Slightly more objective, but similarly devastating, is this piece by Dan Kois, who was on the inside of the hype machine behind what turned out to be the Segway - a seemingly perfect distillation of what's wrong with the Silicon Valley, then and now.

An ideal companion in terms of tech hyperbole comes in the form of Sophie Elmhirst's long read about how some crypto-bros bought an old cruise ship and tried to turn it into a libertarian utopia on the high seas.

The Verge have also been doing some fine work this year. I particularly enjoyed/was dismayed by this piece by Monica Chin suggesting that the generation which have grown up with Google and the cloud use computers in a fundamentally different way than those who came before them - unaware, it seems, of how to save to/open from/organise files into folders.

Also, fair play to them for putting their policy about 'on background' comments on the record and exposing some of the more egregious breaches of previous policy by tech-sector comms teams.

While we're doing a bit of journalistic navel gazing, I thought this was a good point, well made by Dorian Lynskey on the pressures that have made genuinely, savagely critical reviews almost a thing of the past. While he focuses on film critics, the same can certainly be said for music writers too - something which Shawn Reynaldo has picked upon in his excellent First Floor newsletter.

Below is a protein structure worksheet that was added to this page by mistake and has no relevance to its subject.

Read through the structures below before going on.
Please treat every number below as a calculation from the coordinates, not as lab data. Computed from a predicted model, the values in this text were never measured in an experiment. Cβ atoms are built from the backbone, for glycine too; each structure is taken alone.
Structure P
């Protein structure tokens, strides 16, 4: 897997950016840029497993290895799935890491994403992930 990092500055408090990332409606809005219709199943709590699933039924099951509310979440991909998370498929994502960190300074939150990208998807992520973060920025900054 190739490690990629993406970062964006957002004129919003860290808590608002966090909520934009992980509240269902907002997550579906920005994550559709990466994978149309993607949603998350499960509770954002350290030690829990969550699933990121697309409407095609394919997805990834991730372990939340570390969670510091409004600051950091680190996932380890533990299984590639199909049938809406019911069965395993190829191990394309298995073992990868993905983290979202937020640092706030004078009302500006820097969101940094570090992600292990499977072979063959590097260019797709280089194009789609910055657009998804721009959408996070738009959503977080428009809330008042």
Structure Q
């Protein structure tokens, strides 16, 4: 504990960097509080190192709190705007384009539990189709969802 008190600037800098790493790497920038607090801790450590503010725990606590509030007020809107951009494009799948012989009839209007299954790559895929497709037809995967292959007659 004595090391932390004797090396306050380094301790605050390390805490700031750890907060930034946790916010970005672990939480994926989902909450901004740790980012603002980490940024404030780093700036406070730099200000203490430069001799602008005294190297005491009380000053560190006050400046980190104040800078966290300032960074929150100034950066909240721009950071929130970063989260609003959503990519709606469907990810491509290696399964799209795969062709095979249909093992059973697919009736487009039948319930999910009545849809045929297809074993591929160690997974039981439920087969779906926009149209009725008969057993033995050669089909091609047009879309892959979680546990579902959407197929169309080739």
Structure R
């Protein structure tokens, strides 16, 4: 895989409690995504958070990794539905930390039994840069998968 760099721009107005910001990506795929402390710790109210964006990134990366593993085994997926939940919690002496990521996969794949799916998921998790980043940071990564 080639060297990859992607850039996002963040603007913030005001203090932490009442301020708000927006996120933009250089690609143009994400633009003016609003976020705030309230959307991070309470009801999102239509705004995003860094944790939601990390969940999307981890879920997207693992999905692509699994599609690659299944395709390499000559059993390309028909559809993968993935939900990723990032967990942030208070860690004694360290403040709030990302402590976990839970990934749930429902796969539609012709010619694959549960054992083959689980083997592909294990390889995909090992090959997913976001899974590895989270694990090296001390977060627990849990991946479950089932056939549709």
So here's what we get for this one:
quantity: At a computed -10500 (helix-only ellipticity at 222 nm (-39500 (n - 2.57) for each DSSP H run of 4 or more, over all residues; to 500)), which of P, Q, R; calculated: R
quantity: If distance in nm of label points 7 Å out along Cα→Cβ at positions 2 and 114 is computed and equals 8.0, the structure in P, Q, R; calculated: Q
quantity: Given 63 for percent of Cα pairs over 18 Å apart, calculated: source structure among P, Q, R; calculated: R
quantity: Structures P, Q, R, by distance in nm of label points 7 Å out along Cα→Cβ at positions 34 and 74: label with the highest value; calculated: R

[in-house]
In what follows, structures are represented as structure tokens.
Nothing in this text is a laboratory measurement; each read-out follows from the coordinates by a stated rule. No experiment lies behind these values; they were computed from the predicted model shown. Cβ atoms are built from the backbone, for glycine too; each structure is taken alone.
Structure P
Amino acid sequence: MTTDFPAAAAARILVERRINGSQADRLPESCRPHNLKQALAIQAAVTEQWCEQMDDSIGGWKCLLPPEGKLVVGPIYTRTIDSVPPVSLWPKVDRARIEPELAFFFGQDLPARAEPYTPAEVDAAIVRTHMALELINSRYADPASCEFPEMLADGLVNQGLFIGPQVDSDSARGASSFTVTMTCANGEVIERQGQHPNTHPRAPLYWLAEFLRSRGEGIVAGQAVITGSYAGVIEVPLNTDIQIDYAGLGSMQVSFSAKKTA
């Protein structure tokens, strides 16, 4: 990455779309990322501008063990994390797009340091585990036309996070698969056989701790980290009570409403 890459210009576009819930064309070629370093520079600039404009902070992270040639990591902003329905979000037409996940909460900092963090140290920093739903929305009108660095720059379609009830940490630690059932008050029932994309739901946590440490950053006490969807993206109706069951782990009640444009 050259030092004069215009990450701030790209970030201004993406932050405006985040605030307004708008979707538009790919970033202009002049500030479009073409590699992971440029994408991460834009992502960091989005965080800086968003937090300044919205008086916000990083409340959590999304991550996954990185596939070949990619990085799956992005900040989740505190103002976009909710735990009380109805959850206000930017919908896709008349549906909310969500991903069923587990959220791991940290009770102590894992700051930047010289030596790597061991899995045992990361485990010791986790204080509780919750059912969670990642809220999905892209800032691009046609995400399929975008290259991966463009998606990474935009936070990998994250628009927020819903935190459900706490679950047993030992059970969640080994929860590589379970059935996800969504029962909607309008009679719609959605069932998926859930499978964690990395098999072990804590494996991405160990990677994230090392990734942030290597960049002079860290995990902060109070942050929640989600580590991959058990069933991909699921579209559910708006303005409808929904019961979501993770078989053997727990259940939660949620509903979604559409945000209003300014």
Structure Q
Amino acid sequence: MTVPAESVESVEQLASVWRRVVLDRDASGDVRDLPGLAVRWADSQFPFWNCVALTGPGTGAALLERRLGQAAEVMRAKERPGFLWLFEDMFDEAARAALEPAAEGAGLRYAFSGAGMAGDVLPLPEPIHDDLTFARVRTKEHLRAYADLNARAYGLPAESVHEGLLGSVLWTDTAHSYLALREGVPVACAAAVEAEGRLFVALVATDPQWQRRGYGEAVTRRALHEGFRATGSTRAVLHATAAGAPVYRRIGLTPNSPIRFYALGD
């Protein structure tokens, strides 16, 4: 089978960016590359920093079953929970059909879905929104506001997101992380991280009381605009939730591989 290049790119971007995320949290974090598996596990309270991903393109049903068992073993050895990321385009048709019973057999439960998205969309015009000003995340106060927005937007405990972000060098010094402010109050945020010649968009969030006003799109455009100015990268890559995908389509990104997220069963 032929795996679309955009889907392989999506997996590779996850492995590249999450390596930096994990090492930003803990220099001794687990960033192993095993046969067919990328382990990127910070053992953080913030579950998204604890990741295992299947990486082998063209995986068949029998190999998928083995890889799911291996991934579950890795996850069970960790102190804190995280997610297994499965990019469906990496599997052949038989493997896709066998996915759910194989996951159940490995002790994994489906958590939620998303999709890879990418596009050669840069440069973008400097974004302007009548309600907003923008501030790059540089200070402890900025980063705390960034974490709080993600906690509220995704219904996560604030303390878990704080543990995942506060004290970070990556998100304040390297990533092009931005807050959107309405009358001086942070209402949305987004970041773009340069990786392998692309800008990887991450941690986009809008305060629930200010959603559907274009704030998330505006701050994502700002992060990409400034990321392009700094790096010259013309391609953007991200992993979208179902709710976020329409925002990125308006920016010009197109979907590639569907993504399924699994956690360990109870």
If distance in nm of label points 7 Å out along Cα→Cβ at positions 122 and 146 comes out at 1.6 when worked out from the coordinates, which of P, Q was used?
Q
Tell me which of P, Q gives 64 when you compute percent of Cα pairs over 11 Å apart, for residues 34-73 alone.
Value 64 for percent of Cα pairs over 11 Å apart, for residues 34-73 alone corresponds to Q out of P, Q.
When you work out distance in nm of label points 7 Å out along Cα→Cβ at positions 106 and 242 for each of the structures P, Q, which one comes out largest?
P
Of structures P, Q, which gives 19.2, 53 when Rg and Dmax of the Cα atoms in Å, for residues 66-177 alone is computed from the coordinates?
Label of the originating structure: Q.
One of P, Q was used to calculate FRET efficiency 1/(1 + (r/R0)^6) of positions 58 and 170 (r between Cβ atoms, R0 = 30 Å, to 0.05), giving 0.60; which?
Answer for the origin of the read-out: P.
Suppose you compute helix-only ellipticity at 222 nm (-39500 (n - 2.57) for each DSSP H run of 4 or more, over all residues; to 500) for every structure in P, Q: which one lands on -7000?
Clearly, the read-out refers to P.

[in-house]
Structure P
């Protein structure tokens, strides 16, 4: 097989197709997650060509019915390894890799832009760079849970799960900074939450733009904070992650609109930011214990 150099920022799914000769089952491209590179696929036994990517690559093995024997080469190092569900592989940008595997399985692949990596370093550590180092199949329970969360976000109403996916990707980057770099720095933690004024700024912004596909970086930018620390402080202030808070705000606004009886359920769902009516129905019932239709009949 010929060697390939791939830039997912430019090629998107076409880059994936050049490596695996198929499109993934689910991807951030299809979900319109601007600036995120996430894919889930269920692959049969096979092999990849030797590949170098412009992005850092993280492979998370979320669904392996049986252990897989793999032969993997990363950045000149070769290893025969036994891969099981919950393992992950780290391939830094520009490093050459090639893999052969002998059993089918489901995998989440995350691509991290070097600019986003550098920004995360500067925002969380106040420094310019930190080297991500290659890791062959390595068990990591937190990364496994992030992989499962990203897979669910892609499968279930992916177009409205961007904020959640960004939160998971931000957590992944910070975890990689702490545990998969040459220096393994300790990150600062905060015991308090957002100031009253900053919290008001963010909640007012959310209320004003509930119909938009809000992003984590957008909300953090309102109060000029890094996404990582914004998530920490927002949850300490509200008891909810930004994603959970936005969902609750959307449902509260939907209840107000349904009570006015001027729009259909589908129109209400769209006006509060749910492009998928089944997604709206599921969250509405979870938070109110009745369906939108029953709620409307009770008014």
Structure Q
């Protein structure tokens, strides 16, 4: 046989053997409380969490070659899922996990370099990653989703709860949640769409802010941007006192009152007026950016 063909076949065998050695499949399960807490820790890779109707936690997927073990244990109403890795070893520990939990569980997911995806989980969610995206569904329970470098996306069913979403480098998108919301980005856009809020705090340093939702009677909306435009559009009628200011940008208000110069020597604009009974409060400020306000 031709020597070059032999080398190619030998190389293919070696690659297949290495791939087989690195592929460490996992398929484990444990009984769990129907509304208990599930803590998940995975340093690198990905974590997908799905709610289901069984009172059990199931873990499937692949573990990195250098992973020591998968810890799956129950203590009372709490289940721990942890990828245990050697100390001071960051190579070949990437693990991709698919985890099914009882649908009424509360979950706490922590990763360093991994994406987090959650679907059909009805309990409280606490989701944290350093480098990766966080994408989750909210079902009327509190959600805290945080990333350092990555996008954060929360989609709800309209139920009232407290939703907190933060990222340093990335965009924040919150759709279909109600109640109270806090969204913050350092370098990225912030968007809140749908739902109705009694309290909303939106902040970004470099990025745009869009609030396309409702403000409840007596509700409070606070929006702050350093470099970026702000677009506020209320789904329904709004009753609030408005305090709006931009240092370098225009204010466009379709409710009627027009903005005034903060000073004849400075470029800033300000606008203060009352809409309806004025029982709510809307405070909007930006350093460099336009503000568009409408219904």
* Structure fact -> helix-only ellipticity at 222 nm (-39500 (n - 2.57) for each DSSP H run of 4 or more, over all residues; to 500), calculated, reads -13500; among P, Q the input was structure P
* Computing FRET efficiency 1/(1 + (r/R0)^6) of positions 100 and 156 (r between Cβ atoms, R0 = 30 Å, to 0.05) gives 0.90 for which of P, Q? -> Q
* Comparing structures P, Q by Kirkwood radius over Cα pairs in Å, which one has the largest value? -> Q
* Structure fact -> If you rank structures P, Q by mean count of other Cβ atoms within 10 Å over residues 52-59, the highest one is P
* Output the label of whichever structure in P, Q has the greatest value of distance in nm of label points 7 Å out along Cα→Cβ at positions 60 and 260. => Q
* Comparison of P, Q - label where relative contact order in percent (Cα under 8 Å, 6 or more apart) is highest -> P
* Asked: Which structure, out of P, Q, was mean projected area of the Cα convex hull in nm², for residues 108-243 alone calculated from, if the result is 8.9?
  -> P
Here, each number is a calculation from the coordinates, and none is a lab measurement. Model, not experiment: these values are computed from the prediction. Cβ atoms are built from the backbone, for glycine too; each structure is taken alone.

In addition to keeping me up to date with the best releases, Shawn's also a great trend-spotter and interviewer; something demonstrated by picking up on the troubles within one of the finest record labels of recent times - DFA. Noticing that he wasn't getting the usual promos from lynchpin Jonathan Galkin, he messaged the co-founder, and the ensuing interview revealed just how dysfunctional the company apparently helmed by LCD Soundsystem frontman James Murphy has become. 

While I'm off piste into more niche areas of interest, a quick boost for this article that distills some of the things I've been thinking about skiing for a while now. Long a sport and surrounding industry that is dominated by the white and wealthy, Jessi Hackett does a good job of questioning the ingrained norms and language that continue to put off people from other backgrounds and races.

Another of my favourite genres of long read is the deep dive into something you wouldn't naturally assume to be that interesting.

Perhaps a perfect example is Simon Usborne's assessment of the enduring popularity of Henry the Hoover. Get involved; you won't regret it.

Meanwhile, like I said in my tweet at the time, I think this is sort of the perfect Wired feature - a specific technical issue that reveals a far wider trend and more fundamental issue - well researched and surprisingly fascinating; bravo Andy Greenberg.